Second, while your anecdotal evidence matches some other experiences, you can't ever rely on it because it is so sporadic, so what's the point? If it randomly stops at lights, its not really a great thing because its so unpredictable and we really need predictability in a driver assistance feature. So I'm not sure what to think.

    Finally, the EyeQ3 chipset just can't do this. MobilEye both talks a big game but fails to back it up with action. They never really matched Tesla's ambitions with the hardware and their second gen stuff is weak as compared to Tesla's. I think Mobileye is too conservative to commercially realize some of the more ambitious stuff they've marketed.
     
  3. Sir Guacamolaf

    Sir Guacamolaf The good kind of fat

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    Nobody in front of you? Just making sure!
     
  4. JohnnyG

    JohnnyG Weee!

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    Do you travel this route often? Can (will) you travel this route more often now? I agree with @croman for the most part. However, if you feel pretty confident in this, I would definitely suggest trying to reproduce it; especially with a dash cam. I would love for this not to be a fluke, but there's only one way to tell.....
     
  5. croman

    croman Active Member

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    If it can be reproduced then it changes a lot about how useful it is. I've never heard of this happening other than at random instances where other factors could have been at play (for example, my car does detect cross traffic but it doesn't reliably slow because the cars move past the radar to quickly).
     
  6. BerTX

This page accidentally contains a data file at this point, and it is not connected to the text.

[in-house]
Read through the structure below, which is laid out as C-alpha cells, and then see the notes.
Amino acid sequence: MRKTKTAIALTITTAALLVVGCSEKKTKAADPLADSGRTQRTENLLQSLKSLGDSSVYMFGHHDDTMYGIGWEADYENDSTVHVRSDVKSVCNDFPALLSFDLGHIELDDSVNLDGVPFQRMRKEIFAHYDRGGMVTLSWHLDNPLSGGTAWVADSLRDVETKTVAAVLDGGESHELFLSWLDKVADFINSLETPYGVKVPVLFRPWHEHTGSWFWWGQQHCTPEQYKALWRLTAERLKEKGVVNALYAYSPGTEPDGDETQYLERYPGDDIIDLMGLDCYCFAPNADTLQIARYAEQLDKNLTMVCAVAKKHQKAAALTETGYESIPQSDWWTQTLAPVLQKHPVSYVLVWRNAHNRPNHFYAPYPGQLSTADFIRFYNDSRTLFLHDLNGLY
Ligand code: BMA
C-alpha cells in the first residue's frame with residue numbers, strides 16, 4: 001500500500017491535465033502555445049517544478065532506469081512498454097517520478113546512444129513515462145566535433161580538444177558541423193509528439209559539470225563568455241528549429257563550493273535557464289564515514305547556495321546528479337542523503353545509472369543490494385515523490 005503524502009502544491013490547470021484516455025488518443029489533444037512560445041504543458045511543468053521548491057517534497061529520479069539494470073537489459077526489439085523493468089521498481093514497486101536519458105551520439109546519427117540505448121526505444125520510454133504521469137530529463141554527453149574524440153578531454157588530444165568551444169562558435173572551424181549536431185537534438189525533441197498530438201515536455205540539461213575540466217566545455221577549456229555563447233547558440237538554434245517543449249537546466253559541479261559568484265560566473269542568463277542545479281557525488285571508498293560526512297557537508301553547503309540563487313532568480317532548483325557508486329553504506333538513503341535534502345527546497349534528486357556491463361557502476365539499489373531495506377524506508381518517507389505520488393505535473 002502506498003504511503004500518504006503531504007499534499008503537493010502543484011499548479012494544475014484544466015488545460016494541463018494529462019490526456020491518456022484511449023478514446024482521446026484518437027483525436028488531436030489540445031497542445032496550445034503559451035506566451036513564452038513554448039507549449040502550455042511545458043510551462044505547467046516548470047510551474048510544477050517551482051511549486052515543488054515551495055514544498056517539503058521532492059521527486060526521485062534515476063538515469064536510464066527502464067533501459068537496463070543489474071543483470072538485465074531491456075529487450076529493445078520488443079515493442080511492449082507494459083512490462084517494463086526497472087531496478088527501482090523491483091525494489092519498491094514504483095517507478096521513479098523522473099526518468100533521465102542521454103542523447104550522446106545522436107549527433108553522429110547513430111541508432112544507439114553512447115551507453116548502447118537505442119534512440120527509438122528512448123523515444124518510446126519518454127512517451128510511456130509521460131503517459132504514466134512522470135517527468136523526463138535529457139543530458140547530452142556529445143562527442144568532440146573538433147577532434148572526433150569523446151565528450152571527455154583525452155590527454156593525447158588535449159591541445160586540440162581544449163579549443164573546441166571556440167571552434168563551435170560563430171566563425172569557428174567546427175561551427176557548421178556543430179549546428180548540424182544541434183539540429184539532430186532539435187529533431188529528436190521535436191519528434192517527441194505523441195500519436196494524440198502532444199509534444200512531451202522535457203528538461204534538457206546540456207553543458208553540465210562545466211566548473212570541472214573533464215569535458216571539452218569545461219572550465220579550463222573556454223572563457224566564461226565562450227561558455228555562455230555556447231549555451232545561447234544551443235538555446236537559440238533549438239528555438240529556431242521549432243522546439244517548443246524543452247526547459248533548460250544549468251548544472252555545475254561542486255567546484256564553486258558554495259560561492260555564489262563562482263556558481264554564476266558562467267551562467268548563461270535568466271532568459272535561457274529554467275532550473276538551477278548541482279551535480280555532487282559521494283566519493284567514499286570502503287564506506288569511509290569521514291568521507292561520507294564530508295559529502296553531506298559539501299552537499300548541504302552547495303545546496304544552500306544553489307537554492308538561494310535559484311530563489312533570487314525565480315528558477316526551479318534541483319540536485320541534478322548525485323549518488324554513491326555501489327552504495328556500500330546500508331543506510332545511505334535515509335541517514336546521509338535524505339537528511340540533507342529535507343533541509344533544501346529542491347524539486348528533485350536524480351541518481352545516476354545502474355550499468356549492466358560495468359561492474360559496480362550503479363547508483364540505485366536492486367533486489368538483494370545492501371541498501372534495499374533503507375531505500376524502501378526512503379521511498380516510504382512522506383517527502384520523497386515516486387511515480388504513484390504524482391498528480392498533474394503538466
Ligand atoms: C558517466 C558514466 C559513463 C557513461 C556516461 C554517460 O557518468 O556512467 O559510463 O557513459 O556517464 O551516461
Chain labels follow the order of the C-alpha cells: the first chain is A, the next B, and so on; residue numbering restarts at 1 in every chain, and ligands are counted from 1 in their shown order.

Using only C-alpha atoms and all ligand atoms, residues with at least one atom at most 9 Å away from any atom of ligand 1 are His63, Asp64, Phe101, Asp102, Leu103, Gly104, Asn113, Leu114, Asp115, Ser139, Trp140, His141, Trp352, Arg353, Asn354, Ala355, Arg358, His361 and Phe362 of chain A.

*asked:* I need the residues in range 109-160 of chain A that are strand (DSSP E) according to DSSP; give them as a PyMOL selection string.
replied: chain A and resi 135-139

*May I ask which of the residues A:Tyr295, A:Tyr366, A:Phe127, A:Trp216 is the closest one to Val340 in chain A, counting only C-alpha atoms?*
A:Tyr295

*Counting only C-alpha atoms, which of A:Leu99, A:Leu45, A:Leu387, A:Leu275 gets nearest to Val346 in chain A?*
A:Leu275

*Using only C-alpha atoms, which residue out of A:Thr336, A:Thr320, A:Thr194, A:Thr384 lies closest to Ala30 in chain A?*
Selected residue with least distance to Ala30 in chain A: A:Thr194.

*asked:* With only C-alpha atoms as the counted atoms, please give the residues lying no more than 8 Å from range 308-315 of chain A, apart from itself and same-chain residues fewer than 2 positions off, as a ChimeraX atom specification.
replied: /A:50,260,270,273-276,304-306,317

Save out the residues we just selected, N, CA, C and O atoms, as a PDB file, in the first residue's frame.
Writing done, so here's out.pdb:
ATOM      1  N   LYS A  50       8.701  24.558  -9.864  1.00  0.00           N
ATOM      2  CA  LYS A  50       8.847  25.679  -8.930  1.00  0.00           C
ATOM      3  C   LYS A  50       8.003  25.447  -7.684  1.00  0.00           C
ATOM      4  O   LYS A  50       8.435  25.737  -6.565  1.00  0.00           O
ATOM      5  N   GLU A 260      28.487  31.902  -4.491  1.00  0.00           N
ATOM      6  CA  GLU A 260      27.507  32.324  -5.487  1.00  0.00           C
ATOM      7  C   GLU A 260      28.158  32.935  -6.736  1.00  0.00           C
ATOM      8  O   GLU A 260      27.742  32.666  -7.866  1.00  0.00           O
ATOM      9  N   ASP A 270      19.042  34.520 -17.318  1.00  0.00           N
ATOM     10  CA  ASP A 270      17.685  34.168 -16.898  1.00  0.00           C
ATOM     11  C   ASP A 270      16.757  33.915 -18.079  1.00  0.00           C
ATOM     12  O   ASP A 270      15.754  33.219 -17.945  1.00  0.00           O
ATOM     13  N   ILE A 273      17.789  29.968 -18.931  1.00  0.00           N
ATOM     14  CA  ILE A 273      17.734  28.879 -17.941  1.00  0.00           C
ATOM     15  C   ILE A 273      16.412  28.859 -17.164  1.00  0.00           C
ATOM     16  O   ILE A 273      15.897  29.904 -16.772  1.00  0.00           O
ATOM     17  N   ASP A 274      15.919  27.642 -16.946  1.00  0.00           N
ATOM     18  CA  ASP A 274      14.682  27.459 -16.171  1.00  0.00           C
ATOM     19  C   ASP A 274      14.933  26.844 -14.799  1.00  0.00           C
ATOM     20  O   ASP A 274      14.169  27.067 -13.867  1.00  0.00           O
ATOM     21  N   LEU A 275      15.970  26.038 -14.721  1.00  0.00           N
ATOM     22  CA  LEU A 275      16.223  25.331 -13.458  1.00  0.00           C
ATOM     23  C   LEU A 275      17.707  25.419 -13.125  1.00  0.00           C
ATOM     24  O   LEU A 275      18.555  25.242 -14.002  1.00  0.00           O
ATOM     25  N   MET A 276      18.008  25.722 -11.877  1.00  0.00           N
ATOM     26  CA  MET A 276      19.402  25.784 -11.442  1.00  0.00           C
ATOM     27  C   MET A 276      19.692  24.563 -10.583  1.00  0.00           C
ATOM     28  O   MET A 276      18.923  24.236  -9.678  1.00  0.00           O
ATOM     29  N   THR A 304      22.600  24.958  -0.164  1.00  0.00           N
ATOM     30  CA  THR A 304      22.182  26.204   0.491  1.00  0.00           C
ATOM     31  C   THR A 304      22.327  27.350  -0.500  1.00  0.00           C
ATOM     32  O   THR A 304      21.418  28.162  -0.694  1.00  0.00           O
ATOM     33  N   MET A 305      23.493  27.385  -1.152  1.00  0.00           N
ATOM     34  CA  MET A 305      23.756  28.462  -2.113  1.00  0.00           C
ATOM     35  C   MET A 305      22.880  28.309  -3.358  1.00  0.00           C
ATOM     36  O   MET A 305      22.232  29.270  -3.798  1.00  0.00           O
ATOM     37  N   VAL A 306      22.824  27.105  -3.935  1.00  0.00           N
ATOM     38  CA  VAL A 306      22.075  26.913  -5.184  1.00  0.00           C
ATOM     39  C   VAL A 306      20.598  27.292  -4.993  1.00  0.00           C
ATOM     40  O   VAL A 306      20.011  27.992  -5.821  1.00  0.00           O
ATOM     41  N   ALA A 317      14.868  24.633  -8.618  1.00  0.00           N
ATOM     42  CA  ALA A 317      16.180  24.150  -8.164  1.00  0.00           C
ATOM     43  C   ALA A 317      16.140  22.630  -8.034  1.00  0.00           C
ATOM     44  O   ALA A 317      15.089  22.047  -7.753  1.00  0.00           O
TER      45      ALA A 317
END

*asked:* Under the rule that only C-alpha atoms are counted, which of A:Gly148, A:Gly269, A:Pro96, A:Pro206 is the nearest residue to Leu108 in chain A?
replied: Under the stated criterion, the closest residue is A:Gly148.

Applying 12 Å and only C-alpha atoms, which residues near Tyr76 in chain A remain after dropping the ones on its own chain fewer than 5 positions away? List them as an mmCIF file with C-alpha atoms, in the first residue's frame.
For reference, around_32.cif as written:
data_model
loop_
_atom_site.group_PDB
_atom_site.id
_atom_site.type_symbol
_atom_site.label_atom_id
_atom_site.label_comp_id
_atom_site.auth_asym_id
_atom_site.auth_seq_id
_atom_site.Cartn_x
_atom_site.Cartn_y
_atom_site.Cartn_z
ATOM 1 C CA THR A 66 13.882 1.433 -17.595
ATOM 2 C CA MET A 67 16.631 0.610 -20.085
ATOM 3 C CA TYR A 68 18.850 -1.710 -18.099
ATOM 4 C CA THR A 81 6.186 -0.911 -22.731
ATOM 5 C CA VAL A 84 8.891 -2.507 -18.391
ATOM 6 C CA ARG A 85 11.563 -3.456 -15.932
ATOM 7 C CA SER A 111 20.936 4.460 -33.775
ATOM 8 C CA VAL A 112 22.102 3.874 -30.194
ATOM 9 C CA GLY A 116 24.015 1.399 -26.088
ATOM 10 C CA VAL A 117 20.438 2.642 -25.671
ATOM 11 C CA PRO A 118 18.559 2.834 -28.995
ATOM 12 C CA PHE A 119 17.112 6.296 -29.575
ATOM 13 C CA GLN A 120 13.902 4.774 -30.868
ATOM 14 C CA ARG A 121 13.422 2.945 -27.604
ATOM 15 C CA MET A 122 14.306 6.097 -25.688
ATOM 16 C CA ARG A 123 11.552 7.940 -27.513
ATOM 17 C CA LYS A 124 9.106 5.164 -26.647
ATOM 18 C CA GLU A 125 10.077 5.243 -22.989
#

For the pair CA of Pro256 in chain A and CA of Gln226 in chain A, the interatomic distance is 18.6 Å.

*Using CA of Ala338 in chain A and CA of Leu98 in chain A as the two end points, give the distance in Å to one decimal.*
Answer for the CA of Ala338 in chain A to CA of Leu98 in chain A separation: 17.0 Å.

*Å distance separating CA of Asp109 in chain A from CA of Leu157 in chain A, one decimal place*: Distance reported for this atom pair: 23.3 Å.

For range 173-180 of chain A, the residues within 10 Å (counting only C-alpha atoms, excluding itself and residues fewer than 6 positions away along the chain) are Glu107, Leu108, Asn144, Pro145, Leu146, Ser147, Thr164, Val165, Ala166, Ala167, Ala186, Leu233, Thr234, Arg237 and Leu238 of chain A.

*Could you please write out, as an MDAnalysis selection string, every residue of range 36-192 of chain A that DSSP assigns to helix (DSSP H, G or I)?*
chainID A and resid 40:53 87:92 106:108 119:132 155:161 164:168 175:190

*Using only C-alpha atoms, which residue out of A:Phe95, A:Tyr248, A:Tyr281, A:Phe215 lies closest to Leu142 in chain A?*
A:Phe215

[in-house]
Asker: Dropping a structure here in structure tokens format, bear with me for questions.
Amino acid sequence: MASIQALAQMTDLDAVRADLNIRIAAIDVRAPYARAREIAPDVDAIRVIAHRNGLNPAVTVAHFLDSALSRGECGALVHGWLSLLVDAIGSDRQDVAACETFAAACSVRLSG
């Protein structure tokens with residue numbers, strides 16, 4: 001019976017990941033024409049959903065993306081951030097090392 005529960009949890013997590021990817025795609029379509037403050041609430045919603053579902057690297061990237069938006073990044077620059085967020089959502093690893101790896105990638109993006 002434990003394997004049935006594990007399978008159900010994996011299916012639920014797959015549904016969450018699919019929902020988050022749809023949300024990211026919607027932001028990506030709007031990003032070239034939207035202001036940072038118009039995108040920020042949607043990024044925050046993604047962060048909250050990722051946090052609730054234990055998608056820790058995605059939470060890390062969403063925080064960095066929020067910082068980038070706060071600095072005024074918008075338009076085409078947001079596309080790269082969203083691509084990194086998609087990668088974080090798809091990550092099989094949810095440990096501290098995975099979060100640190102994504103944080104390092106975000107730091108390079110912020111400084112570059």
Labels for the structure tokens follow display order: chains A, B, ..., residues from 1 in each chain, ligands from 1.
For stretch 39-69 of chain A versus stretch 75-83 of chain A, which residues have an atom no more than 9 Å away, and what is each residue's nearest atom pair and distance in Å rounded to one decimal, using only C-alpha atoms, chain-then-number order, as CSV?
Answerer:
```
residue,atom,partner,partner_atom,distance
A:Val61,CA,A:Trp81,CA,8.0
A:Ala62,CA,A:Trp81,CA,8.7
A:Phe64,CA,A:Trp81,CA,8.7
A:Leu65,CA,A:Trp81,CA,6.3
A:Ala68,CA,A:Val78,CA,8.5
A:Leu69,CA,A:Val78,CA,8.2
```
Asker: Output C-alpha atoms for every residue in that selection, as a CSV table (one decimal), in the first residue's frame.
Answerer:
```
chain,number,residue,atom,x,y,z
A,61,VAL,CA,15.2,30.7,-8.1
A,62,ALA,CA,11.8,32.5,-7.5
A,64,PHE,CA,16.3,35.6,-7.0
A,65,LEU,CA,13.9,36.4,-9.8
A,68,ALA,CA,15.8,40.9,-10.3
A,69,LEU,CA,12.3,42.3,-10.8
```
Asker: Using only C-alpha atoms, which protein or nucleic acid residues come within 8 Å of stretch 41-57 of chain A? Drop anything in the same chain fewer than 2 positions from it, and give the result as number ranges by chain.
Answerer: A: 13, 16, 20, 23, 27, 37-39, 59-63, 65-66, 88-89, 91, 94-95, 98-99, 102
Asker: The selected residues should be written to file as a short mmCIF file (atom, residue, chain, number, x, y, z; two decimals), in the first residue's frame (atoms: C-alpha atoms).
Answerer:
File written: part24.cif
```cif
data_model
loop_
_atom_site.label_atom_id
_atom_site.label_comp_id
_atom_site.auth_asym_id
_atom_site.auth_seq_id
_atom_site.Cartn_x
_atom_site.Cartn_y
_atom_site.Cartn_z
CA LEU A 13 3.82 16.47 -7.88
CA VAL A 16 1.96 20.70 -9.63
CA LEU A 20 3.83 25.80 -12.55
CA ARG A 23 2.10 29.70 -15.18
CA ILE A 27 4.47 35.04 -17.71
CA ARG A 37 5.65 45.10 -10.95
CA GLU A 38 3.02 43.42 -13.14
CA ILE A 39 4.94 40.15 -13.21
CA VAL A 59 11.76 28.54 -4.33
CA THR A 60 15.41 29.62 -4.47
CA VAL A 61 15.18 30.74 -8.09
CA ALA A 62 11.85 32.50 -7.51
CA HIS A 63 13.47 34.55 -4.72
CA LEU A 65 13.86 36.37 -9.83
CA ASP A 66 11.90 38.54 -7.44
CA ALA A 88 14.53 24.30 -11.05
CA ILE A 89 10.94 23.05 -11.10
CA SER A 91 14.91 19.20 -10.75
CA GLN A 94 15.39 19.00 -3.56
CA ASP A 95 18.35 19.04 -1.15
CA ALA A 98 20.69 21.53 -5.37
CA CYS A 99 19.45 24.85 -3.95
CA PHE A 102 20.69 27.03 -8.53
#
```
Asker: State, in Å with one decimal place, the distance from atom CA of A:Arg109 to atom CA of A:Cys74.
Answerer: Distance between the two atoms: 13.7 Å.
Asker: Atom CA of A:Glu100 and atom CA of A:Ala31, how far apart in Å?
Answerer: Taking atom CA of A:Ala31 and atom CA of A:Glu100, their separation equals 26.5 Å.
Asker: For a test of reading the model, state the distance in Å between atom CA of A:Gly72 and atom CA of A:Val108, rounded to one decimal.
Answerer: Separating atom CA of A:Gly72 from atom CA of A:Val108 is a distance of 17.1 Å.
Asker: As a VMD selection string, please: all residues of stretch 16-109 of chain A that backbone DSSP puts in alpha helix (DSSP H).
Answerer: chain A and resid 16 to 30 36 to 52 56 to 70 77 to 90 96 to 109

BerTX Active Member

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    I was wondering why I haven't experienced this. Then it hit me -- I'd never try to use AP in those conditions. Guess I'm a wimp.
     
  7. JohnnyG

    JohnnyG Weee!

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    I'm totally with you on this.... I've experienced the same cross-traffic scenarios as you too. And I'll admit that I currently have my rose-colored optimist glasses on. :p But I haven't seen a report as confident and detail specific as this. So I figure that it couldn't hurt to try to reproduce. At worst it proves another anomaly. At best it opens a floodgate of questions. :D Honestly, I'm expecting anomaly, but I love a good experiment!
     
  8. tls

    tls Member

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    Nobody in front of me. I'll be away for several weeks from now, unfortunately, but I can try to reproduce it under similar lighting and road conditions after that.

    If what I observed was in fact not caused by the traffic signal, my money is on that cluster of 3 road signs, off to the right on the sidewalk, that you can see in the picture. If AP were programmed to stop for Bender lest he stagger into the road, I think we could easily see where there would be a radar signature that were a close match. As a "car" or a "pedestrian" though it seems a little questionable to me.